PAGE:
Since the rollout last year of promoted posts, Instagram became a bonafide brand platform and it’s since been noticeable how user engagements with brand accounts are increasingly done so in a way more akin to Twitter. For example, to celebrate Red Nose Day British Airways posted a joyous picture of their record-breaking highest gig in the sky from last year. Amongst all the fan love responses, one awkward, chilly off-topic question relating to an alleged BA association to animal welfare violations cut through the warm glow on the timeline like a hornet at a child's summer party.

At first this interaction seems a bit weird, given that the platform primarily converses with pictures. But not so weird when you look at YouTube: a platform that primarily converses with video but whose below-the-fold commentary reads like an irascible 70s teenager with Tourettes. It’s this tricky, brand-baiting, PR managed reality of paid-for which could be the turn-off for the people who helped lovingly build the network in the first place – the same cornerstone community whom Instagram is constantly celebrating.

It’ll be interesting to watch the balancing act between community and commodity as the network becomes more sophisticated but I really hope it succeeds in managing both. After all, it’s arguably the one big network left where one can converse daily and be surprised, inspired and feel genuine positivity without having to suffer misanthropic bellends as you do so.

24 October 2014

…when is a widow not a widow?

When I was little my concept of flux was anchored to an outlook of completion. I'd see roads being fixed, houses wrapped in scaffolding, bridges being built, and all I could wonder was when are they going to finish the world? When is all this stuff going to be done? But that was flipping ages ago. I know as well as you know that nothing stays the same for long and transience rules. However, some things don't change, and for good reason. We all manage to drive here in the UK on the left hand side of the road okay, and know that a white horizontal line through a red circle means 'don't go there!'. If the rules weren't in place then it would be nothing but Cannonball Run on the roads, with Burt Reynolds.

Apologies in advance if your search engine has brought you here looking for Burt Reynolds. There's nothing to see here.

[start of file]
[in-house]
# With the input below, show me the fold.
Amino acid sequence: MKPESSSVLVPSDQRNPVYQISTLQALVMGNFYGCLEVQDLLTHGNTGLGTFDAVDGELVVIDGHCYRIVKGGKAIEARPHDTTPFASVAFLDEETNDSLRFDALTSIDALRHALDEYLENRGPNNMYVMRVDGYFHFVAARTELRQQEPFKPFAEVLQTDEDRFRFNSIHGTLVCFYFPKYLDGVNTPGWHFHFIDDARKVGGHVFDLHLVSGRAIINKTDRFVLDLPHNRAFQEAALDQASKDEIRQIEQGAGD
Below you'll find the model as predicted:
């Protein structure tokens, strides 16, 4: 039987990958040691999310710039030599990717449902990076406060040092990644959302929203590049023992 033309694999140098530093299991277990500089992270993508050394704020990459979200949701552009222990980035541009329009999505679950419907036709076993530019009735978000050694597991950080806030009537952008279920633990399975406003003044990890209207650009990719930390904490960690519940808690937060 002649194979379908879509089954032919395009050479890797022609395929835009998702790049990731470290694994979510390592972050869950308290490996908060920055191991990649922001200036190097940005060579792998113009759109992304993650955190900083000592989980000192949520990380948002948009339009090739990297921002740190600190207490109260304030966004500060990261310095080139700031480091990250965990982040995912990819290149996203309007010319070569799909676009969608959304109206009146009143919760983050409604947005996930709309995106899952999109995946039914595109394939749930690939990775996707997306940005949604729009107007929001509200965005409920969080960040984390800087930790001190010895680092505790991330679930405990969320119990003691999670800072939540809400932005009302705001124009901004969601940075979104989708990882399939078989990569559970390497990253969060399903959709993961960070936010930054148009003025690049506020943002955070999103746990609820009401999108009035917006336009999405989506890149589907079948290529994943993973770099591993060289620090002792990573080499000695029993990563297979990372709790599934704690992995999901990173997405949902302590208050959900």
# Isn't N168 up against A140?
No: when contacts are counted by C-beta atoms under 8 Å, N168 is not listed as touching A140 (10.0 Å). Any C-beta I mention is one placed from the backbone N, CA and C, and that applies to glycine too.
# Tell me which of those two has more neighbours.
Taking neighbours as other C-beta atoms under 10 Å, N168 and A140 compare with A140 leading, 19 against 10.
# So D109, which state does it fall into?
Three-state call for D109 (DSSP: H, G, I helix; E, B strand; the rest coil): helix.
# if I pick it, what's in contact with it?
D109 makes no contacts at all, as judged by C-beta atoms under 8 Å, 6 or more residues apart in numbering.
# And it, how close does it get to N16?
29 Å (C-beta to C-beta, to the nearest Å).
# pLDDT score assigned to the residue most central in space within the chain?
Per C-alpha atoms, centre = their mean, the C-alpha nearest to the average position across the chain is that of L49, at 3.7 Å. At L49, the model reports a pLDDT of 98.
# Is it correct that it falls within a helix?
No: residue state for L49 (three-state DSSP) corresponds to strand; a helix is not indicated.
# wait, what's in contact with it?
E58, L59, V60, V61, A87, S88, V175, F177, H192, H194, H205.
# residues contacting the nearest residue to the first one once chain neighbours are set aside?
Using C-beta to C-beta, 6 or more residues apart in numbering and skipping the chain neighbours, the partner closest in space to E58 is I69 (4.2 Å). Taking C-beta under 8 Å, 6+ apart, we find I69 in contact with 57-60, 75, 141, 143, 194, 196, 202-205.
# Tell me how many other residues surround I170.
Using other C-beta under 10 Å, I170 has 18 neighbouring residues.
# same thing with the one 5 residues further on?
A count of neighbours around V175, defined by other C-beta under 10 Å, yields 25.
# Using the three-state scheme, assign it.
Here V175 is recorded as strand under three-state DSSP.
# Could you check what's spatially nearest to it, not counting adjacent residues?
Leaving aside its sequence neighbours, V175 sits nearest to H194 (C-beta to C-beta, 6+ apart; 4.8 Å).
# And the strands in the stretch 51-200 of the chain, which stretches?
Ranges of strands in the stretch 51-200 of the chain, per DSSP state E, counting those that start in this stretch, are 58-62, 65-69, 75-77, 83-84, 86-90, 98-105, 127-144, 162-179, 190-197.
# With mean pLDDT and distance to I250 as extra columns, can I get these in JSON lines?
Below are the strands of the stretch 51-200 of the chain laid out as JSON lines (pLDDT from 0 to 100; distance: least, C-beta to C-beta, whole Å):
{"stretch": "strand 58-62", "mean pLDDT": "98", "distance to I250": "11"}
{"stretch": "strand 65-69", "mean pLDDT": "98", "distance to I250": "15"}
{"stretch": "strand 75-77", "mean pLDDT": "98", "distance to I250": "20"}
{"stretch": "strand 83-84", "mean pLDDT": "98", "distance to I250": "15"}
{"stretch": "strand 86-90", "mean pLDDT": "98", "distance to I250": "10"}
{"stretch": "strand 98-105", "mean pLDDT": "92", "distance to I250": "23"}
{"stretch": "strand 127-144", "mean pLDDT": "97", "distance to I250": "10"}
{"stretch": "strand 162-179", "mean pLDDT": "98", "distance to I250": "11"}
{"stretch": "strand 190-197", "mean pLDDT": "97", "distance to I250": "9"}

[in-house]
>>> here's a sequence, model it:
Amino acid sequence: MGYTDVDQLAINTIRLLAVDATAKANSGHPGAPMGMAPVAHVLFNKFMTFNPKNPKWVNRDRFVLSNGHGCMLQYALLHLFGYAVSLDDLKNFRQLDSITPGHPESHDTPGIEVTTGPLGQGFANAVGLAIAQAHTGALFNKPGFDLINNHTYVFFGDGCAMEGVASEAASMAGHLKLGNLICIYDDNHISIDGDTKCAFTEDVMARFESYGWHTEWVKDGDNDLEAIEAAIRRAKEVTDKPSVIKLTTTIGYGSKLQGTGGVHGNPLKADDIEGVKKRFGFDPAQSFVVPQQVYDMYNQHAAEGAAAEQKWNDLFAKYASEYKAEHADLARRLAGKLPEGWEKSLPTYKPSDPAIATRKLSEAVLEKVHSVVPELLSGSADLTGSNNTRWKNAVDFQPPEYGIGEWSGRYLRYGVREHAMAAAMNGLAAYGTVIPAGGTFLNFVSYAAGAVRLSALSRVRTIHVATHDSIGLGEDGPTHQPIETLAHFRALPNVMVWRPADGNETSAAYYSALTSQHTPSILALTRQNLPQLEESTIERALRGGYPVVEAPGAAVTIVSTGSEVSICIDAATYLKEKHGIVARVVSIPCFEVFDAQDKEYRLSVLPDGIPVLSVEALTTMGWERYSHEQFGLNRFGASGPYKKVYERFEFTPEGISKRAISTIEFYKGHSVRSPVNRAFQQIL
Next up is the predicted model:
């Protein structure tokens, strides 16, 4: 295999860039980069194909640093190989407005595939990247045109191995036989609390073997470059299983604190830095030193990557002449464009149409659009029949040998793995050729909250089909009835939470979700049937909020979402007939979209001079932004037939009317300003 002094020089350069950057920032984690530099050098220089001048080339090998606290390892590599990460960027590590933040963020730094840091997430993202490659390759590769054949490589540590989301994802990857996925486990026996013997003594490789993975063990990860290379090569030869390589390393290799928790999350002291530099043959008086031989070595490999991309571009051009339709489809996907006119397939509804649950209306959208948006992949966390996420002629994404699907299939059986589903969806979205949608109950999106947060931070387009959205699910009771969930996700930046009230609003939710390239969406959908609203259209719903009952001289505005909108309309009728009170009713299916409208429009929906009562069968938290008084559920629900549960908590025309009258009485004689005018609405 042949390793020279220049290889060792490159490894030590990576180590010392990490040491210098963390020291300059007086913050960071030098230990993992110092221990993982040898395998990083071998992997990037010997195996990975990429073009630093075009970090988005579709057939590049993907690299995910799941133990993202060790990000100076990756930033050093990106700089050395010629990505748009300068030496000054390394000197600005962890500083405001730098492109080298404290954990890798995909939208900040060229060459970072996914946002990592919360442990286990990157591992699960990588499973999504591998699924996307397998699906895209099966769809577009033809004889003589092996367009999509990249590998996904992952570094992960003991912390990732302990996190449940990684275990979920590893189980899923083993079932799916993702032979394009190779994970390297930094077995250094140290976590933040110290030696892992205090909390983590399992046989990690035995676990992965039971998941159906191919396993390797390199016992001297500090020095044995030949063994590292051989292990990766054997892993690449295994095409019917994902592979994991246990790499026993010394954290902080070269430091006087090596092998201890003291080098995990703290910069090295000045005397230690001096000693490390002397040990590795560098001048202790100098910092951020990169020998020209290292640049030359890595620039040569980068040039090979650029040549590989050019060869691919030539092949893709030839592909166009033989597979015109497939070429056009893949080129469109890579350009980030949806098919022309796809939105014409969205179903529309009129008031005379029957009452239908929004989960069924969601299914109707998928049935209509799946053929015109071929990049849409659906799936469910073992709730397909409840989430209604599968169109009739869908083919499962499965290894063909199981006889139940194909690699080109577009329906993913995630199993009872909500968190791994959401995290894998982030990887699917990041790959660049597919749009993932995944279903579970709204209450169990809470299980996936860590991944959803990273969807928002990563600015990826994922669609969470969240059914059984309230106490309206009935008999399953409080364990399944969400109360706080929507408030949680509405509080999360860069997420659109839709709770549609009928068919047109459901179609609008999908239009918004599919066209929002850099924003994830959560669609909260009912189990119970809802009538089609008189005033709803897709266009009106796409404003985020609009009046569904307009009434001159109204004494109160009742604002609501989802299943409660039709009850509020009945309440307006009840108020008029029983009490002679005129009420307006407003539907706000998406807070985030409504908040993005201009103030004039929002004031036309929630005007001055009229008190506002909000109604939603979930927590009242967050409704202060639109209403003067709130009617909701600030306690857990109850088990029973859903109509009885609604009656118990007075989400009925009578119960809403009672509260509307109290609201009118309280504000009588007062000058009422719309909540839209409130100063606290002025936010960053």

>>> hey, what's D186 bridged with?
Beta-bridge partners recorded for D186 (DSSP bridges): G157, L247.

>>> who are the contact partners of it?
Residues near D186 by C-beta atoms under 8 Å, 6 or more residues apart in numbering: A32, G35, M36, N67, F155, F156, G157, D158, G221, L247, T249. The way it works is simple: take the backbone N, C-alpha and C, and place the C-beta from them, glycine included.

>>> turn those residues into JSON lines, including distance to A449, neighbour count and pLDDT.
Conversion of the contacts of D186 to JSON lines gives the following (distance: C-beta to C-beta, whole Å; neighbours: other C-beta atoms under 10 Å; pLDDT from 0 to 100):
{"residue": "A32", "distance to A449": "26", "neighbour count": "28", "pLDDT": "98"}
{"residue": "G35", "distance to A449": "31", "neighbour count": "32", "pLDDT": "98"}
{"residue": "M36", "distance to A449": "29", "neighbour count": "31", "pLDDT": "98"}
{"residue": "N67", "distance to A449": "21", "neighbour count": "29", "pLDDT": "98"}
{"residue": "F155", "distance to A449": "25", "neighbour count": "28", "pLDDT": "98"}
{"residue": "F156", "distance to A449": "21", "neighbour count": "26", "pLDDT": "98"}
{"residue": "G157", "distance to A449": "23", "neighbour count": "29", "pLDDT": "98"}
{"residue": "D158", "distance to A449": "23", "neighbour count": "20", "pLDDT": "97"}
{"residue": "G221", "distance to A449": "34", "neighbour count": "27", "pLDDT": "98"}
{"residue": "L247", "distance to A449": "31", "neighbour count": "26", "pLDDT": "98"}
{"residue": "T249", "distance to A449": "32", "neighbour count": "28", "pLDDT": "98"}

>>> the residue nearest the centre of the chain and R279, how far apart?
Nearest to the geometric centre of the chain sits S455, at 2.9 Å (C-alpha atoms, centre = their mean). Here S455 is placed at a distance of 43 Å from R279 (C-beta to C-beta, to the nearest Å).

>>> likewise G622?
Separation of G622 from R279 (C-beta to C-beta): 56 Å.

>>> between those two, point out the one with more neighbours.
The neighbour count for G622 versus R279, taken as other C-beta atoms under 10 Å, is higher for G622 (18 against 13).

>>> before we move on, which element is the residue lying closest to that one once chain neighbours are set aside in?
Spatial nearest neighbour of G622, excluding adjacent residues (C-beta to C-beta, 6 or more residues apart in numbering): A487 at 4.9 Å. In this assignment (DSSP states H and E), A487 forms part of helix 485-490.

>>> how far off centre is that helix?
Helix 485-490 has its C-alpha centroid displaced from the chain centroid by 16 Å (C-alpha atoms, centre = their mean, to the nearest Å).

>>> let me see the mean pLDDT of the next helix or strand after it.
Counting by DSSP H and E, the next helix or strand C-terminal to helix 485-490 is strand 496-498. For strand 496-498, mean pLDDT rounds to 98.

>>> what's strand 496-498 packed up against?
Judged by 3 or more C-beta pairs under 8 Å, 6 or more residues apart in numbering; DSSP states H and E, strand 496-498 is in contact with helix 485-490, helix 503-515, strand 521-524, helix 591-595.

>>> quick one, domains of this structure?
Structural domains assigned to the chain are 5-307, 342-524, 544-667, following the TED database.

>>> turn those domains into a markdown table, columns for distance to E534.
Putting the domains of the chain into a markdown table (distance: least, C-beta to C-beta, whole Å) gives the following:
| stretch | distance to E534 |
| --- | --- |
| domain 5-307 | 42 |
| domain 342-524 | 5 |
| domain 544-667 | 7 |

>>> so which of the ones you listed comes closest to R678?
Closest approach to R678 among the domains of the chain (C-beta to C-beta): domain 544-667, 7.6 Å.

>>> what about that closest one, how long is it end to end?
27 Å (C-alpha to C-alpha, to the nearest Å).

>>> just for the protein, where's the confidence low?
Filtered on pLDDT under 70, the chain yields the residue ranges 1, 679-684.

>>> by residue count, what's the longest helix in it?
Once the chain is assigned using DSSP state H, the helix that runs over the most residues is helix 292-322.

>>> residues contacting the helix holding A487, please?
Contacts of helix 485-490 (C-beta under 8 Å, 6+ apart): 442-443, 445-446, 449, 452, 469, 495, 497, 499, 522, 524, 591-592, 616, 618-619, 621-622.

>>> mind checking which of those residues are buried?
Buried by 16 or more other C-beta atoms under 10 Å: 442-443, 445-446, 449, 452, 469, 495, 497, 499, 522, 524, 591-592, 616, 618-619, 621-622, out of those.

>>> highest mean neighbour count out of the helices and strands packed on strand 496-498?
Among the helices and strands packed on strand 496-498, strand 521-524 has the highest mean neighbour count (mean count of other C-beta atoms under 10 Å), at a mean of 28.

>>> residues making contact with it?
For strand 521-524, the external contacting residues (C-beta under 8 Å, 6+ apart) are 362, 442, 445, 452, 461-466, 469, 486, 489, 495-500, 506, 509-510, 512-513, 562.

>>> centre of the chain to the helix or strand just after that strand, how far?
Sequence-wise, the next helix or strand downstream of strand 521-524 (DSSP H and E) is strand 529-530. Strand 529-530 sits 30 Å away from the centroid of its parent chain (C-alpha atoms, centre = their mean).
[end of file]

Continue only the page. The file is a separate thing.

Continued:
Whether you like rules or not, we can all agree to differ that rules make order out of chaos. I like rules. Rules allow me to know where I am. If I'm riding on a designated cycle path and a pedestrian tells me off, I can happily rebuff their remark with a 'sorry, you're wrong there' as I pedal onwards. If I want to cancel a subscription to an overrated TV-on-demand service and I get the old never ending direct debit trick, I can call them on it. If I want to refer to one word sitting on its own at the end of a paragraph a widow, I know I'd be wrong. Because that's not a widow. Or is it? Oh dear.

It all started when I was reading Murakami's 1Q84 Book III and a rogue line of text particularly caught my eye. The word 'Lips' sat all on its own at the end of chapter 13. I opened a debate in the studio over what everyone thought a widow constituted. For me, a widow is a line of text at the end of a paragraph left on its own at the start of a page or column of text. Robert Bringhurst's Elements of Typographic Style has always been there to back this up, with the handy mnemonic 'widows have a past but not a future' (a bit archaic, yes, but I catch his drift). The studio was unsurprisingly split on the matter. Popular parlance, it would appear after researching the topic, would lead me to believe that many refer to the one sad, lonely word as a widow. But it's still a mixed bag of opinion. In some cases what some call a widow, others call an orphan and vice versa. Why has this issue become so unclear? Is it a 'my understanding is better than your understanding' pissing match in the same vein as the tiresome old classic Noah Webster's American English Vs Samuel Johnson's English English? (Ultimately, they're both right, right?). Maybe. But I find it a little odd to accept that when dealing with typesetting and proofing, the lines are blurred at all.

Before you have a game of pool it's wise to know the house rules to which you and your opponent are playing; after accidentally sinking the white do you take the free shot from anywhere on the table, off the line or from behind the line down the baise? But to ask "hey guys, before I get started setting this 200 page document, is a widow this or that when it comes to you marking up the corrections?" would be both weird and a fundamentally troublesome. In fact, I stumbled upon this guide by Bulldog Press where they do indeed quite clearly outline their set of definitions. Applaudable, but in the long run, cumbersome. Furthermore, they throw another term into the mix - 'runt' - which I only recently discovered myself on an Adobe InDesign forum thread whilst researching widows.

When the plot starts to thicken, you need some trustworthy opinions to help make sense of it. So I turned to my former typography tutor David Jury to ask for his take on the matter. A knowledgable source whose excellent book About Face I've been returning to over the years for typographical solace.

"I was hoping to come up with a really definitive reference but I'm surprised at how difficult it turned out to be." David replied, and instantly put my mind both at rest - that I'm not alone and going mad, and to work - that it isn't as simple a matter of this-or-that.

David said "Widows and orphans... these are the same thing in the sense that both are used to describe a single word or small number of words on a line of its own at the end of a paragraph. The term 'orphan' however is used to describe that same word when, it is not only on the last line of a paragraph by itself, but when that line is at the top of a new page."